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Pearl Harbor Countdown: Admiral James O. Richardson Hardcover – June 25, 2008

4.8 out of 5 stars 6 customer reviews

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Editorial Reviews

From the Publisher

A biography of the first naval officer to lose his command over Pearl Harbor strategy prior to World War II.

From the Inside Flap

In 1940, the U.S. naval fleet was stationed at Pearl Harbor, a strategic and political move intended to discourage Japanese aggression. Admiral James O. Richardson, the commander in chief of the entire U.S. fleet, ardently opposed this decision. Richardson was truly devoted to the fleet, playing a central role in developing and implementing War Plan Orange, the military strategies, exercises, and plans launched in 1924 designed to check Japan in the Pacific. From his intense investment in these exercises, it became clear to him that the fleet should not remain at Pearl Harbor. The fleet was not prepared, the country was vulnerable, and the facilities available in Hawaii were less than sufficient to provide training for the sailors and protection for the United States.
Living out his life-long commitment to the U.S. fleet, Richardson sacrificed his career to make certain that the navy provided the United States her first line of defense. Going up against the chief of naval operations, Harold Stark; the secretary of the navy, Frank Knox; and not to mention the president of the United States, Franklin D. Roosevelt, Richardson repeatedly tried to convey to them the navy's unpreparedness and vulnerability in the Pacific. Richardson's training, expertise, and experience led him to believe that a Japanese attack on the U.S. fleet was not only possible, it was inevitable. After Richardson repeatedly criticized the executive decision to station the fleet in Hawaii, he was relieved of his command. When the Japanese attacked on December 7, 1941, it became painfully obvious that Admiral Richardson's fears were not only well founded, but that he had been right all along.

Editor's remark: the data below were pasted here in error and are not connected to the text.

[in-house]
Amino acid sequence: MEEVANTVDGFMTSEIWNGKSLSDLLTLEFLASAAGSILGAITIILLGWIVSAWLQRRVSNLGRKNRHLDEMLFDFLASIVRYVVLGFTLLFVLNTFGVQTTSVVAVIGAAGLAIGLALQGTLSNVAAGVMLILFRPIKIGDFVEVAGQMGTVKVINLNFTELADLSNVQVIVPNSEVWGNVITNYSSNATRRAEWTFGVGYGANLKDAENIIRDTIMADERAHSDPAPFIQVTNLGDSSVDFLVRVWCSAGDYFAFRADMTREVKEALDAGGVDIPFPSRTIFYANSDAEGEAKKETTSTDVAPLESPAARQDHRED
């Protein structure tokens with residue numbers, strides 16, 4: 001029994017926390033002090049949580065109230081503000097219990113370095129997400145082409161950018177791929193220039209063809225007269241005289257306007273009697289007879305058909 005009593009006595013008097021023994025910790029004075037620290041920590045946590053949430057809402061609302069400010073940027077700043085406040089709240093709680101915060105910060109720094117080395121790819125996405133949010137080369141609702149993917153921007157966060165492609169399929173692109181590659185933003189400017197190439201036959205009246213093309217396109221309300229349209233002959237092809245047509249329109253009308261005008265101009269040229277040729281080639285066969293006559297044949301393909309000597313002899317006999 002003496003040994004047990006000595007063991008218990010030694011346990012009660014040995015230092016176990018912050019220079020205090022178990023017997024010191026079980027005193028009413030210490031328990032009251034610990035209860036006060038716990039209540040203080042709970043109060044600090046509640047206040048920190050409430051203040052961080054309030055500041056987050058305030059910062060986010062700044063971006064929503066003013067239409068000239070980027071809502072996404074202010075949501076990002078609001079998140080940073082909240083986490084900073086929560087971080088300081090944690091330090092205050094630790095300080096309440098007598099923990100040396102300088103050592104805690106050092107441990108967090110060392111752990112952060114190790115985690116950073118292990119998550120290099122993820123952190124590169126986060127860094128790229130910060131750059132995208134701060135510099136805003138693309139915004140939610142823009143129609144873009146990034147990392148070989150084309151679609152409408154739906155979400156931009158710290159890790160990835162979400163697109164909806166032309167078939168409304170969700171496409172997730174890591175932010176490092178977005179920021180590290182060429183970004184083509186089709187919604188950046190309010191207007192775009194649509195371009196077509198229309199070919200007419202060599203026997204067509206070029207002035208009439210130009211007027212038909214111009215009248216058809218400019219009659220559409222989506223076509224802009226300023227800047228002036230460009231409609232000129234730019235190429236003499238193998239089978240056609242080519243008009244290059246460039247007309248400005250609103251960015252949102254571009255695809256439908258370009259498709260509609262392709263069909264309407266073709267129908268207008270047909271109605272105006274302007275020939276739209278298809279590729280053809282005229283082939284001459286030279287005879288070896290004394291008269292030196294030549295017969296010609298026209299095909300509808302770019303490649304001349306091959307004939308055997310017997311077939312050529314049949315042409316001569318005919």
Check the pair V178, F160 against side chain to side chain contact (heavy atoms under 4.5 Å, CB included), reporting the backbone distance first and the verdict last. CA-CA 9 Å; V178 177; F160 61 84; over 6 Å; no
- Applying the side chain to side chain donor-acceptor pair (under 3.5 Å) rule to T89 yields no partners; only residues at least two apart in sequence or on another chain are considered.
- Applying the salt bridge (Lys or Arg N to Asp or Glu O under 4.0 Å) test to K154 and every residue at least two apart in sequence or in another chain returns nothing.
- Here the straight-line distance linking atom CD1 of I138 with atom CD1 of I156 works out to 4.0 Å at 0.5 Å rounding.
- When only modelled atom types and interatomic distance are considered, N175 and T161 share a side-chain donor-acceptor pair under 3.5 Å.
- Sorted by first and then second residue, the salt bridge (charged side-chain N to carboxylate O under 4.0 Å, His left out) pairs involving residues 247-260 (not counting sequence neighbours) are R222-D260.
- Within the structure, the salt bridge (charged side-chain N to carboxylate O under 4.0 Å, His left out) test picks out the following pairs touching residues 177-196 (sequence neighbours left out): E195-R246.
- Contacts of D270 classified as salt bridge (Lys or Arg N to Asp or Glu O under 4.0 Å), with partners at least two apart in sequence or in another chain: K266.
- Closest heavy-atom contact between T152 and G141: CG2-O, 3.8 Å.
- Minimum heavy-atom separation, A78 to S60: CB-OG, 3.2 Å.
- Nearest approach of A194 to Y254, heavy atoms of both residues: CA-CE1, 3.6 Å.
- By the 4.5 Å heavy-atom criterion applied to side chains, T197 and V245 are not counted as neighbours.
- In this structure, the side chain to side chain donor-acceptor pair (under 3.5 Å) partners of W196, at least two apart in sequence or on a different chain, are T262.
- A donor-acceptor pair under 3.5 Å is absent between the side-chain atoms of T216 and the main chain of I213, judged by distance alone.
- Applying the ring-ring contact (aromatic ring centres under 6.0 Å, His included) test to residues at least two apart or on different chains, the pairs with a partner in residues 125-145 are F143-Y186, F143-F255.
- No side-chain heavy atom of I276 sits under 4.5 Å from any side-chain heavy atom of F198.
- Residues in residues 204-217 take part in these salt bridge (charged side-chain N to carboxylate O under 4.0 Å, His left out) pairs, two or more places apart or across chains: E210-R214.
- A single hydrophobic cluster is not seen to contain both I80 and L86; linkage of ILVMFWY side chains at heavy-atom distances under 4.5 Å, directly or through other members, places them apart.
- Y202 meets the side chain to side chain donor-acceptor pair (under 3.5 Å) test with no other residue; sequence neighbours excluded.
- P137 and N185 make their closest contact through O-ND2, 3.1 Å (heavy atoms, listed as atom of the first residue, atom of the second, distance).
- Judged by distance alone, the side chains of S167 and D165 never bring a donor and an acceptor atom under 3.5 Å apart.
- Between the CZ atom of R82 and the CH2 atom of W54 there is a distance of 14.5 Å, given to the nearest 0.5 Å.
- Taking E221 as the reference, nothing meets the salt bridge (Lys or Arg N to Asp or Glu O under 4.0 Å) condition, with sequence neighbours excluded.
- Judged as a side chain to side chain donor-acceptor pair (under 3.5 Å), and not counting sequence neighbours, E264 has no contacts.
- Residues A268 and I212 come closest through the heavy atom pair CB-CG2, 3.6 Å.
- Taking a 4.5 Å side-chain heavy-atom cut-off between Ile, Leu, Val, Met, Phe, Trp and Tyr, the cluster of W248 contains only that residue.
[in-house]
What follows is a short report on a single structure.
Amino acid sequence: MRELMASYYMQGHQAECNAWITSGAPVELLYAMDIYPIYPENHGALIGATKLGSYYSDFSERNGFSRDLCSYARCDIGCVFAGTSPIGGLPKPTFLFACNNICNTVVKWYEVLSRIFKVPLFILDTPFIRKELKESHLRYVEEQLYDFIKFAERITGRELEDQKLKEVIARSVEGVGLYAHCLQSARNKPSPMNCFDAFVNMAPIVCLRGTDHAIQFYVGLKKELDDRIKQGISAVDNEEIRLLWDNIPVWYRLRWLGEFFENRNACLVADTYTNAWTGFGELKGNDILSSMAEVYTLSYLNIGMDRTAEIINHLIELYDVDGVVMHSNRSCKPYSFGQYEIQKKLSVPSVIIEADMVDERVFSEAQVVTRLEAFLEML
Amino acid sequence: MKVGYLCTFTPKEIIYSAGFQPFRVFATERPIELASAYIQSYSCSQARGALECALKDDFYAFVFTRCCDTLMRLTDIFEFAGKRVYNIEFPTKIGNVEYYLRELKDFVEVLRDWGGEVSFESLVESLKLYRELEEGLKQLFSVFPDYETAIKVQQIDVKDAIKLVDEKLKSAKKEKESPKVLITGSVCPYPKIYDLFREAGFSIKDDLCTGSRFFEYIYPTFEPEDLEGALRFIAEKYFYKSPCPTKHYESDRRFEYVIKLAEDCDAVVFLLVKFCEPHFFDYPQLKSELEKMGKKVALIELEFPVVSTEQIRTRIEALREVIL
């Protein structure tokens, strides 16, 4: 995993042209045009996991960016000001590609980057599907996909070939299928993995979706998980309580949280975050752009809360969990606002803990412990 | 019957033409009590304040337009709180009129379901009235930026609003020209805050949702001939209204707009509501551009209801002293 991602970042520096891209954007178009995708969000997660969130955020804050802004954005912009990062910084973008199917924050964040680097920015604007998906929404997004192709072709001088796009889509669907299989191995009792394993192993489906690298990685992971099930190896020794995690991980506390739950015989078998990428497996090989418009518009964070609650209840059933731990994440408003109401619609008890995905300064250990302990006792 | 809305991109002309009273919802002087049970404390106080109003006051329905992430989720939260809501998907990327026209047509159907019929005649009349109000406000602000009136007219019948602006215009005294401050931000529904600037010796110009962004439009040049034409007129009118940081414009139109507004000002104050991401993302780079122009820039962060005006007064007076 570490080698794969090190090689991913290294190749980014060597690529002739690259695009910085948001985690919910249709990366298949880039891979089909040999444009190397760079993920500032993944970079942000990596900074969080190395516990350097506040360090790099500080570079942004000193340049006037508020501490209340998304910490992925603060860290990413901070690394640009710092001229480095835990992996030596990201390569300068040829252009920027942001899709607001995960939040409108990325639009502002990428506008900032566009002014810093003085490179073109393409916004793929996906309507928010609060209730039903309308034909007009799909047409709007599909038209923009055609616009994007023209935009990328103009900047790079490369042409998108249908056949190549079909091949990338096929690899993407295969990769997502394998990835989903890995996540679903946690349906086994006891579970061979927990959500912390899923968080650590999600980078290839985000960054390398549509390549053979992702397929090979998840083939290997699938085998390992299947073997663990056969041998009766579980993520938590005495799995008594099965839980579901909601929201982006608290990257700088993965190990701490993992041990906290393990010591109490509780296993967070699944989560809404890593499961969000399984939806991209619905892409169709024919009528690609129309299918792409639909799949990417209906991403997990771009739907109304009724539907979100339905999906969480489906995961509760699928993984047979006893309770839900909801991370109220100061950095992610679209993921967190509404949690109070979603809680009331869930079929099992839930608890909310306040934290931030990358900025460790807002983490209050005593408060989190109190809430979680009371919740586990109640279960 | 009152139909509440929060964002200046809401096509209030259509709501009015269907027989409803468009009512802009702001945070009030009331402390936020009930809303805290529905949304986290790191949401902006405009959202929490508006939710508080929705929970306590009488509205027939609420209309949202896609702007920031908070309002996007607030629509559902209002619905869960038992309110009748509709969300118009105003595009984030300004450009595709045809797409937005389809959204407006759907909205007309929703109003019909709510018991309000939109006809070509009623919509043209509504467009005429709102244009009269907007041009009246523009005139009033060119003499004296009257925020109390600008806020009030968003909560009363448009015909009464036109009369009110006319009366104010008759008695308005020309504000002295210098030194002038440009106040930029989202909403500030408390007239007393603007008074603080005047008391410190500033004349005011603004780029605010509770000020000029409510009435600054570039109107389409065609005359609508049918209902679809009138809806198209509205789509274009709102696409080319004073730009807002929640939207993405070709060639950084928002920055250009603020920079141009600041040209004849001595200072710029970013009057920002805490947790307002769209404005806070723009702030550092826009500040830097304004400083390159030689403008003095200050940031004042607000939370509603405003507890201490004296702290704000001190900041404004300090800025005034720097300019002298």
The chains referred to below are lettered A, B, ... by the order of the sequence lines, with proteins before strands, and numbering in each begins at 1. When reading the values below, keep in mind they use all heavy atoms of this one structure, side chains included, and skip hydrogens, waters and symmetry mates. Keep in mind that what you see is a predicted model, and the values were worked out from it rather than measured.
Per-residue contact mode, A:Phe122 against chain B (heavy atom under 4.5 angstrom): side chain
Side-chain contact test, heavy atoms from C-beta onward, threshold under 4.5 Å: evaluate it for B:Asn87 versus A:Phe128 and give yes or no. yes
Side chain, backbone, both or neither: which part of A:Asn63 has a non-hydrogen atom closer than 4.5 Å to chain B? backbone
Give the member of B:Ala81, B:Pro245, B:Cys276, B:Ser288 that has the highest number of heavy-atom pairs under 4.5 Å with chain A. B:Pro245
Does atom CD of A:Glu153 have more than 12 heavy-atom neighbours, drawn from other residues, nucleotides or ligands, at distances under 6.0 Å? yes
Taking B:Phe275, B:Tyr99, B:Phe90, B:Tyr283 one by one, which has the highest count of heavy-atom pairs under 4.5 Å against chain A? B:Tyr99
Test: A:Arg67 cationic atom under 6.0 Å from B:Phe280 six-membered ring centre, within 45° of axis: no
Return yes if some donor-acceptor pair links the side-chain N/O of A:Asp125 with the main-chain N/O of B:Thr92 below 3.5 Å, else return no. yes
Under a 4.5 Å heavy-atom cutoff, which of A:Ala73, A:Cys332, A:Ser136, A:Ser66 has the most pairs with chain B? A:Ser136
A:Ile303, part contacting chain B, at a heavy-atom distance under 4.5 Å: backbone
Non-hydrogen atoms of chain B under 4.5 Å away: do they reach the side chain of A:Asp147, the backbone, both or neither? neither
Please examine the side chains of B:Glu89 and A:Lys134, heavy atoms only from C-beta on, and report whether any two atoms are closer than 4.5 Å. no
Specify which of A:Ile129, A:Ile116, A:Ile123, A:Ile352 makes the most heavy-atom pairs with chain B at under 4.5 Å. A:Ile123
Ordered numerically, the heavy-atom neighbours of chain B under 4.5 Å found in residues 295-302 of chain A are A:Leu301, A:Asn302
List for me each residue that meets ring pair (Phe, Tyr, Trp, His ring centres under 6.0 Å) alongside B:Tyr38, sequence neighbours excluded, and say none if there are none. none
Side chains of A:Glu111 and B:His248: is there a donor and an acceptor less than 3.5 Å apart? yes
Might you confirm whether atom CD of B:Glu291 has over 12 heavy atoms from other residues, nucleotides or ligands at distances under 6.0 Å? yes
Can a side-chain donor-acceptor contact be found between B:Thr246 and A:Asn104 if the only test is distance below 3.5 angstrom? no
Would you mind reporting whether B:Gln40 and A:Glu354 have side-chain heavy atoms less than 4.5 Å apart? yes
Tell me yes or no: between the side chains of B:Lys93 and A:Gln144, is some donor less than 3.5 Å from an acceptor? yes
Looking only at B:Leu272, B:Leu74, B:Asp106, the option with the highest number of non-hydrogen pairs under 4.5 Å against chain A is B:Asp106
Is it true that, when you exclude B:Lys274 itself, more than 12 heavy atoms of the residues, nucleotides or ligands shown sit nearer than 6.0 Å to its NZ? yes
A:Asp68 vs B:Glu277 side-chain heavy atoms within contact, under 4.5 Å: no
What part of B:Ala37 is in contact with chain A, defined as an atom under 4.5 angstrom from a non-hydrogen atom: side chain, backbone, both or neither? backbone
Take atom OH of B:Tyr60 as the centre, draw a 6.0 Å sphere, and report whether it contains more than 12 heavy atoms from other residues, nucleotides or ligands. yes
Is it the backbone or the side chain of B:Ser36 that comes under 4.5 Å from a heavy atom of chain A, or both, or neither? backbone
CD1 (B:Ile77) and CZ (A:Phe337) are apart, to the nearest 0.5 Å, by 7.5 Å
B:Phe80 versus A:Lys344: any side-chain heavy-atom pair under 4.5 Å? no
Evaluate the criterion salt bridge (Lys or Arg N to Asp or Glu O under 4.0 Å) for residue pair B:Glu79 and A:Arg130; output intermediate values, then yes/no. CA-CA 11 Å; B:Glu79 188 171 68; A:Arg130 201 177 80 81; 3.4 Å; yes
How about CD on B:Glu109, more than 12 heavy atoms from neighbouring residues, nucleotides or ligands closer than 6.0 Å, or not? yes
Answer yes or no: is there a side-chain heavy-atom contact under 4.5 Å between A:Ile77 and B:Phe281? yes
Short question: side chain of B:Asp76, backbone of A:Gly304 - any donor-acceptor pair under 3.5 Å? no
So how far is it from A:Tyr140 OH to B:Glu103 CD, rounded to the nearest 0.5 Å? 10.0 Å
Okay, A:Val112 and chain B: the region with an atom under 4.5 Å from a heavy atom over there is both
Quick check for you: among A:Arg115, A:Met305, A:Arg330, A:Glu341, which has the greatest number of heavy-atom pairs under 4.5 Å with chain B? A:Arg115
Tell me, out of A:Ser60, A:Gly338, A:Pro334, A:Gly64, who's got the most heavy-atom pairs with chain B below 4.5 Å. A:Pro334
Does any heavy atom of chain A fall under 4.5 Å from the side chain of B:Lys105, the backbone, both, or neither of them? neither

Author Skipper Steely masterfully crafts an insightful and convincing biography of this overlooked naval hero. Offering a fresh perspective on what led to the catastrophic and infamous 1941 Japanese bombing of Pearl Harbor, along with a detailed treatment of the historical investigations regarding the attack throughout the 1950s and 1960s, Pearl Harbor Countdown proves indispensable reading for anyone interested in World War II in the Pacific.

[ Back flap ]

Skipper Steely has been writing and editing books for more than twenty years. He attended East Texas State University and graduated from there in 1968. After serving in the United States Air Force as an information and recruitment officer, Steely began his career in the newspaper industry as a writer and an editor. Since 1990, Steely has worked as a full-time writer. He lives in Paris, Texas.

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Product Details

  • Hardcover: 544 pages
  • Publisher: Pelican Publishing; 1 edition (July 7, 2008)
  • Language: English
  • ISBN-10: 1589805925
  • ISBN-13: 978-1589805927
  • Product Dimensions: 6.3 x 1.8 x 9.1 inches
  • Shipping Weight: 2.2 pounds (View shipping rates and policies)